Innovation and Technological Catch-Up
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Innovation and Technological Catch-Up

The Changing Geography of Wine Production

Edited by Elisa Giuliani, Andrea Morrison and Roberta Rabellotti

Since the beginning of the 1990s, the supremacy of ‘Old World’ countries (France and Italy) in the international wine market has been challenged by new players, such as Australia, Argentina, Chile and South Africa, which are recording stunning performances in terms both of export volume and value. This book demonstrates that such a spectacular example of catch-up goes beyond simply copying new technologies; it entails creative adaptation and innovation, and introduces a new growth trajectory in which consistent investments in research and science play a key role.
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Chapter 5: University Involvement in Wine Region Development: A Comparative Case Study between Universidad de Talca (Chile) and Universidad de Cuyo (Argentina)

Martin Kunc and Scott Tiffin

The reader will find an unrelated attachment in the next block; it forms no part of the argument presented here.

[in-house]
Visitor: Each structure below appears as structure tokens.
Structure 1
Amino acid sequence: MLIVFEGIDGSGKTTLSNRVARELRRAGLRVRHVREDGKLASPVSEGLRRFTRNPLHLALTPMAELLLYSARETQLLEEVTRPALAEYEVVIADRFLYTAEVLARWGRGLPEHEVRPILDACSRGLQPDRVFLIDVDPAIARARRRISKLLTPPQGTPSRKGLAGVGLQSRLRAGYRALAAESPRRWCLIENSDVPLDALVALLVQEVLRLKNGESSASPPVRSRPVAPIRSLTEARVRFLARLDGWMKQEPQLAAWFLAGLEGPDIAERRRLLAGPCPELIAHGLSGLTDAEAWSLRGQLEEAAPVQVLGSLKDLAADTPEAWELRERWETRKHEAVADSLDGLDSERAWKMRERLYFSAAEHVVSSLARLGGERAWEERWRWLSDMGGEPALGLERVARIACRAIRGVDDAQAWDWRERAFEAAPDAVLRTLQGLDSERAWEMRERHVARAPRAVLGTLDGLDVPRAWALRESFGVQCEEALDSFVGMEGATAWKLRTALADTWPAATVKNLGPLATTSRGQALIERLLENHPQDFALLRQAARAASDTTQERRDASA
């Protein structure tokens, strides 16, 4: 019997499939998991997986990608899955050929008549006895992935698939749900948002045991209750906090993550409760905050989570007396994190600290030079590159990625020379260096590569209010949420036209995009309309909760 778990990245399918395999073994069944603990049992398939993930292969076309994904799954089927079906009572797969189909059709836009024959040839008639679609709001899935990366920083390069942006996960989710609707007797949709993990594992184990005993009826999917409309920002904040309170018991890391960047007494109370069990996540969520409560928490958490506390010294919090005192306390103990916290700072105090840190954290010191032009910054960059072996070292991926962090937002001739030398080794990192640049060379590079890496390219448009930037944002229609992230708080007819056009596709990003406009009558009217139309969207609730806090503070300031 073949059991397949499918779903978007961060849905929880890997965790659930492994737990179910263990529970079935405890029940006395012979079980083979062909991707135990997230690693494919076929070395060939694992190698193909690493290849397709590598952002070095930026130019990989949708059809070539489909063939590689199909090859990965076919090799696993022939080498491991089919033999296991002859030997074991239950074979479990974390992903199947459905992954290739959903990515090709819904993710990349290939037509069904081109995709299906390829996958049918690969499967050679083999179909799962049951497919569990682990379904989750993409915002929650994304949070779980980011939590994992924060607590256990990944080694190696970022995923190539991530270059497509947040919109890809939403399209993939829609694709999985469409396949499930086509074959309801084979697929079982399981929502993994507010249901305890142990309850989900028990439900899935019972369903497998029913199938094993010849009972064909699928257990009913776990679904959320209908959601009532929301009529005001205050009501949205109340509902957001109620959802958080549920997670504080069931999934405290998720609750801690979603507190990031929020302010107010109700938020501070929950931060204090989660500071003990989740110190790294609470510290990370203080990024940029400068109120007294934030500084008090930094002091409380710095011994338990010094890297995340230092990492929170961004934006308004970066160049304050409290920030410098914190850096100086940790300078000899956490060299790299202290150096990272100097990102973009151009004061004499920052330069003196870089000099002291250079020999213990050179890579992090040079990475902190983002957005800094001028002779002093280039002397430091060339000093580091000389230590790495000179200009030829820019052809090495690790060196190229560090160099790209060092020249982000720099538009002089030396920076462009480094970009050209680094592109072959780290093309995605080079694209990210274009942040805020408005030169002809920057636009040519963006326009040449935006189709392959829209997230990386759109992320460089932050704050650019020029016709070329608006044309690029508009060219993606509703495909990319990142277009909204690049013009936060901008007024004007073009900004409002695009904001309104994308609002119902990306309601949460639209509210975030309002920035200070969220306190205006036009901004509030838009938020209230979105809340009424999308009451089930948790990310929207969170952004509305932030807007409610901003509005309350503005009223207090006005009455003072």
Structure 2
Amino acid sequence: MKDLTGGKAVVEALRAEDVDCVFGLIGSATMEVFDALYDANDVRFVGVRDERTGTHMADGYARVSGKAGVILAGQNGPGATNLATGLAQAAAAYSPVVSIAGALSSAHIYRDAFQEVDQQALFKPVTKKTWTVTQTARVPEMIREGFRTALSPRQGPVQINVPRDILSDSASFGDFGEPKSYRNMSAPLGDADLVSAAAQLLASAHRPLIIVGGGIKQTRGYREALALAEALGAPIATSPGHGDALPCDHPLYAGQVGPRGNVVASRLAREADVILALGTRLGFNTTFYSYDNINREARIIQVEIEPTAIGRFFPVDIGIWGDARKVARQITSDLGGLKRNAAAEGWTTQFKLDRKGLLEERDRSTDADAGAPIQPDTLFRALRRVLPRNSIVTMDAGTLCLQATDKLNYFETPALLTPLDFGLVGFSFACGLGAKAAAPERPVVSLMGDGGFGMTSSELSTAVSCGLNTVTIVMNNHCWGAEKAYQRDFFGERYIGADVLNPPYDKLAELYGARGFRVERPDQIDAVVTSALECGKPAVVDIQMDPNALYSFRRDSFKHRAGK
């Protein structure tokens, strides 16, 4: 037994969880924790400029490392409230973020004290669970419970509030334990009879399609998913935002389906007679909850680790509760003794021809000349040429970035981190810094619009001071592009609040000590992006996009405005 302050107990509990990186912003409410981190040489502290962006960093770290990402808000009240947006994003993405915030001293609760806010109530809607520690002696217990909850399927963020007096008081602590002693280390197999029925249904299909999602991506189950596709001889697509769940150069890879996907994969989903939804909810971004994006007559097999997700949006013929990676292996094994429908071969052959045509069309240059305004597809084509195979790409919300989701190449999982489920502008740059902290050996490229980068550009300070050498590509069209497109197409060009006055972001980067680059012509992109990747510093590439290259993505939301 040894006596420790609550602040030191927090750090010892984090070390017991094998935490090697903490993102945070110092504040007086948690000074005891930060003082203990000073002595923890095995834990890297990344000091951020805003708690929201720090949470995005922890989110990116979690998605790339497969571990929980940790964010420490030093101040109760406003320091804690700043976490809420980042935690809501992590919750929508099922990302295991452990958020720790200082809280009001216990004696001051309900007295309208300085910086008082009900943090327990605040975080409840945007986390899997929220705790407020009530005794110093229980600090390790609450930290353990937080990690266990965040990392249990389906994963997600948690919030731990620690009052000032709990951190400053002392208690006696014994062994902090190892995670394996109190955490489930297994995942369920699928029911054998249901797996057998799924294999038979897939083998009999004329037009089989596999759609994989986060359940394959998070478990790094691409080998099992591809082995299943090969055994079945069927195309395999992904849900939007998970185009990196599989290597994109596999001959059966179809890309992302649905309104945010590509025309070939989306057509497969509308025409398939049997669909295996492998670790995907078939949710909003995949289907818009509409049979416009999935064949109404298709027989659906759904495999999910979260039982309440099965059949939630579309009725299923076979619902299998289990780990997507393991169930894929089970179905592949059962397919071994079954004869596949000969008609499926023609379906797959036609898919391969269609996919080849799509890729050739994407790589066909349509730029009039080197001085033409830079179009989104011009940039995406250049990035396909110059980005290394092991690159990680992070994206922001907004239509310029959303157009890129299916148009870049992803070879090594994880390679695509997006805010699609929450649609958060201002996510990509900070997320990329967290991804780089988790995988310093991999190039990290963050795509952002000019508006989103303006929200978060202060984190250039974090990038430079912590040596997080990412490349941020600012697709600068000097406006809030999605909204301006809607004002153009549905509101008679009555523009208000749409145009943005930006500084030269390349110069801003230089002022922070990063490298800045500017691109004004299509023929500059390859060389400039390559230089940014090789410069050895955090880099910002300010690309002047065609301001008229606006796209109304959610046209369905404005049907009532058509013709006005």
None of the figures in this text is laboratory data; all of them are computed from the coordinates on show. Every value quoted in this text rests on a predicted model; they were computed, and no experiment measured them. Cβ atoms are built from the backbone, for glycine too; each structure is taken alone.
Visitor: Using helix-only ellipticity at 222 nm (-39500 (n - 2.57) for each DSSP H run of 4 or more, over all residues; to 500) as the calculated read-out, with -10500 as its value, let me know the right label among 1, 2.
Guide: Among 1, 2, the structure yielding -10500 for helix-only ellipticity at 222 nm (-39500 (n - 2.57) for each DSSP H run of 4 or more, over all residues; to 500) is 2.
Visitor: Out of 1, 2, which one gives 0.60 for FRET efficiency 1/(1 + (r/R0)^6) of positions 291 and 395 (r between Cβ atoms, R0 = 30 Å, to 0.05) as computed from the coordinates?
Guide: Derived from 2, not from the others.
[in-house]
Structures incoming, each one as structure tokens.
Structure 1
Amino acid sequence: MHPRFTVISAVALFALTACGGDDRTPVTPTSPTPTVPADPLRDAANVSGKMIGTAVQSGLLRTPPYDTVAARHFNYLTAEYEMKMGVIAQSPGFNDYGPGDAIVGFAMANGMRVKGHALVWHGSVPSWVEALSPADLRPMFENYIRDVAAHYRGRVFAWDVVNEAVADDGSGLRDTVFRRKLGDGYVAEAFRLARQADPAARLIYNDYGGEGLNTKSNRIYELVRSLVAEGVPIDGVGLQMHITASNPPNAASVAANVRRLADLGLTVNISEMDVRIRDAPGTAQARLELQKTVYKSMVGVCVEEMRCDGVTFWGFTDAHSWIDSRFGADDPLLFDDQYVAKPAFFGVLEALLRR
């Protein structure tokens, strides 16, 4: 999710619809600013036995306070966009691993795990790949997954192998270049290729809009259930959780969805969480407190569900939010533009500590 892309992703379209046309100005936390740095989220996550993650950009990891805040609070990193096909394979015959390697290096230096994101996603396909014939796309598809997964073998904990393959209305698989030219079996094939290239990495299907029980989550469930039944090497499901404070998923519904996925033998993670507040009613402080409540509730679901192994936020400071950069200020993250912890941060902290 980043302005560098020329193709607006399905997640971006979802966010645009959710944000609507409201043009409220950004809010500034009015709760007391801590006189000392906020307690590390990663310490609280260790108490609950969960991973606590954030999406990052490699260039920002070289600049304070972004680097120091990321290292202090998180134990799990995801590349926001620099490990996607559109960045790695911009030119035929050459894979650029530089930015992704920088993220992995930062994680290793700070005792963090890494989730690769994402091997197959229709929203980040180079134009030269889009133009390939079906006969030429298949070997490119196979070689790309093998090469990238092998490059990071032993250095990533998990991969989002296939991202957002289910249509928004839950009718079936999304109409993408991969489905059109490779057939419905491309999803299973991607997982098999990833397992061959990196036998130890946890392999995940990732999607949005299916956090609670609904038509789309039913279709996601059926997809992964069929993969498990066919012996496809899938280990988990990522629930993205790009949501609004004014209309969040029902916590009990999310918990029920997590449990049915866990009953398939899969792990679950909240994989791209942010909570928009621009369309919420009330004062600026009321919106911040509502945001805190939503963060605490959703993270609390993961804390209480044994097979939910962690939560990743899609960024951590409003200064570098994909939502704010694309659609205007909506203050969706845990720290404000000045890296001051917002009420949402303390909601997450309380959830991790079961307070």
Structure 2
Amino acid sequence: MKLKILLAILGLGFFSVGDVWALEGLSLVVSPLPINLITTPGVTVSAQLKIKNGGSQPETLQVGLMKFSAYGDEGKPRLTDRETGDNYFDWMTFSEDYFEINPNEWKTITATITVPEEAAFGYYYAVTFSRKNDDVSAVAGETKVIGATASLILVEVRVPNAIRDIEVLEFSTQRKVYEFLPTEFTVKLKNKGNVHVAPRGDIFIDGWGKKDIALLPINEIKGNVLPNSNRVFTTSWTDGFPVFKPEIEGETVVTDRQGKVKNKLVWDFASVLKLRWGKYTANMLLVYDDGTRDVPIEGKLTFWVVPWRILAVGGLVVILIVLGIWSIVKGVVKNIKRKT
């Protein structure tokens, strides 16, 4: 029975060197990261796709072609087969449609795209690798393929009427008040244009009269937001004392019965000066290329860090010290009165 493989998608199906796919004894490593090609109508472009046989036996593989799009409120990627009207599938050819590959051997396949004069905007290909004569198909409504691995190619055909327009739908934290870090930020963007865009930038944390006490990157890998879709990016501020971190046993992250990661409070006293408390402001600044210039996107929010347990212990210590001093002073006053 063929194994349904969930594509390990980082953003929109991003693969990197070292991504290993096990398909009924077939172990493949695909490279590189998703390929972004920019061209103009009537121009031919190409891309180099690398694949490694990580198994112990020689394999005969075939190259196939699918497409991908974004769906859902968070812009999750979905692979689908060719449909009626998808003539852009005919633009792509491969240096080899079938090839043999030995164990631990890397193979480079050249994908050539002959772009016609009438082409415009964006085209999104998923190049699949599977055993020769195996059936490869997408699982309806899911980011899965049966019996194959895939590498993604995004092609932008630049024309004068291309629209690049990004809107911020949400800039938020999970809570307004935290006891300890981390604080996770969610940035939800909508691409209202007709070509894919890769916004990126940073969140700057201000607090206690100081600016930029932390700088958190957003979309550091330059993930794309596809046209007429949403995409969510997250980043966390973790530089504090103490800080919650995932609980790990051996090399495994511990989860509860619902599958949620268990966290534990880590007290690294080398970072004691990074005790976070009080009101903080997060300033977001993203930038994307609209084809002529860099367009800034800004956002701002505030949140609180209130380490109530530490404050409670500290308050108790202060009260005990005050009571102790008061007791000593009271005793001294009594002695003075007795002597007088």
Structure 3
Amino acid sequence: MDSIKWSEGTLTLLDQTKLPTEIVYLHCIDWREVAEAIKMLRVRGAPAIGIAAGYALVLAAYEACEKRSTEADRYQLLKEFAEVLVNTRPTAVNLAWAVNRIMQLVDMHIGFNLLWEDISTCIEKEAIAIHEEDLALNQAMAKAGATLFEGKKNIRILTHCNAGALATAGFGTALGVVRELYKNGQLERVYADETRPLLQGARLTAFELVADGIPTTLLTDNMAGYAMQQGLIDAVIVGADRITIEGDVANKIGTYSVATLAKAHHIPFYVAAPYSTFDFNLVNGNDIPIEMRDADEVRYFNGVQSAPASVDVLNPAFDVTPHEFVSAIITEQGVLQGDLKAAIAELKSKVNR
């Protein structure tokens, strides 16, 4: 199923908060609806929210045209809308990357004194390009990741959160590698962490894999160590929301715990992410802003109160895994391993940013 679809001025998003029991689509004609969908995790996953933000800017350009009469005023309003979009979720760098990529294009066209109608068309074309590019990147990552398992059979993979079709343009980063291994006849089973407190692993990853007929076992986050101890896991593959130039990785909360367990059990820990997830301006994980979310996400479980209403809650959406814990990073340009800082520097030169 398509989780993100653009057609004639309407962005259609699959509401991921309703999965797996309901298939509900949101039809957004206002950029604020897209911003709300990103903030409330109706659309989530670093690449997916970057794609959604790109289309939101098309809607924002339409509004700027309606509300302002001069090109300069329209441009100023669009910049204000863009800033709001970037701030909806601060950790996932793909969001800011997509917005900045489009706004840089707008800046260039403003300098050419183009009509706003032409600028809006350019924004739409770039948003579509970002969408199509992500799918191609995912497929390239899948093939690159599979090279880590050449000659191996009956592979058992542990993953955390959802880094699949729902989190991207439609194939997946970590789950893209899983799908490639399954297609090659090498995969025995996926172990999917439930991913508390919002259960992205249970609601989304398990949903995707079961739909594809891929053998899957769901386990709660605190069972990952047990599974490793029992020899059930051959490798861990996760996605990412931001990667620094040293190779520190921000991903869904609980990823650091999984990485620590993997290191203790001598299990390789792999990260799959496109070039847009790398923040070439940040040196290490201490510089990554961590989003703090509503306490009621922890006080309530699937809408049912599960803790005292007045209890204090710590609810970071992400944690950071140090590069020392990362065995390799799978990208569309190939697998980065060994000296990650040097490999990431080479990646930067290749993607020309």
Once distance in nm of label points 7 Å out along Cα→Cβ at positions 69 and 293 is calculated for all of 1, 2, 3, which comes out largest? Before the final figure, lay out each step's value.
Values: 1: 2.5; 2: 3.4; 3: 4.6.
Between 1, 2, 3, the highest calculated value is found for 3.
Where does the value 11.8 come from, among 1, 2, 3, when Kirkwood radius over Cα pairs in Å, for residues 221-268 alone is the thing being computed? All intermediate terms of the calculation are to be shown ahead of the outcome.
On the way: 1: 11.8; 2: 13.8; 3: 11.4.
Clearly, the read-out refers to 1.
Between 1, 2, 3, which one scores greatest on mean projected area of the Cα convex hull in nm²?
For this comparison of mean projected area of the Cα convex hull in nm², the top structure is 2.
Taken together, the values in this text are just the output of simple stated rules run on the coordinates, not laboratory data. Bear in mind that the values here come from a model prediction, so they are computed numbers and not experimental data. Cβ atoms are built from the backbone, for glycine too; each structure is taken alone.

Martin Kunc and Scott Tiffin INTRODUCTION 1 Since the 1980s, the concept of a ‘national system of innovation’ to study the linkages between firms, organizations and knowledge creation institutions has emerged (Freeman, 1987; Lundvall, 1992, 2002). This concept is based on several assumptions: one considers that key elements of the knowledge base are highly localized; another is that the interactive nature of the innovation process means that it is socially embedded. As a consequence of both these assumptions, systems of innovation differ significantly in terms of their capacity for capitalizing on new sources of knowledge and their productive capabilities (Feldman et al., 2006). Cooke (1992, 2001) coined the term ‘regional system of innovation’ to describe the systems of innovation localized in a region, a level below the national system of innovation that might have cultural or historical homogeneity and where localized economic development can be identified. However, regional systems of innovation differ in their level of development. Schiller (2006) suggests that in nascent innovation systems in developing countries such as Argentina and Chile it is more important to learn how to assimilate and improve existing technologies than to generate new ones, since many technologies are often only new to local firms. In this situation, universities can become important actors in emerging regional innovation systems (Giuliani and Arza, 2009). In this role, universities provide a qualified workforce, locally adapted research, appropriate services and technologies for their regional stakeholders. Thus, universities are simultaneously enhancing the absorptive capacity of the regional system of...

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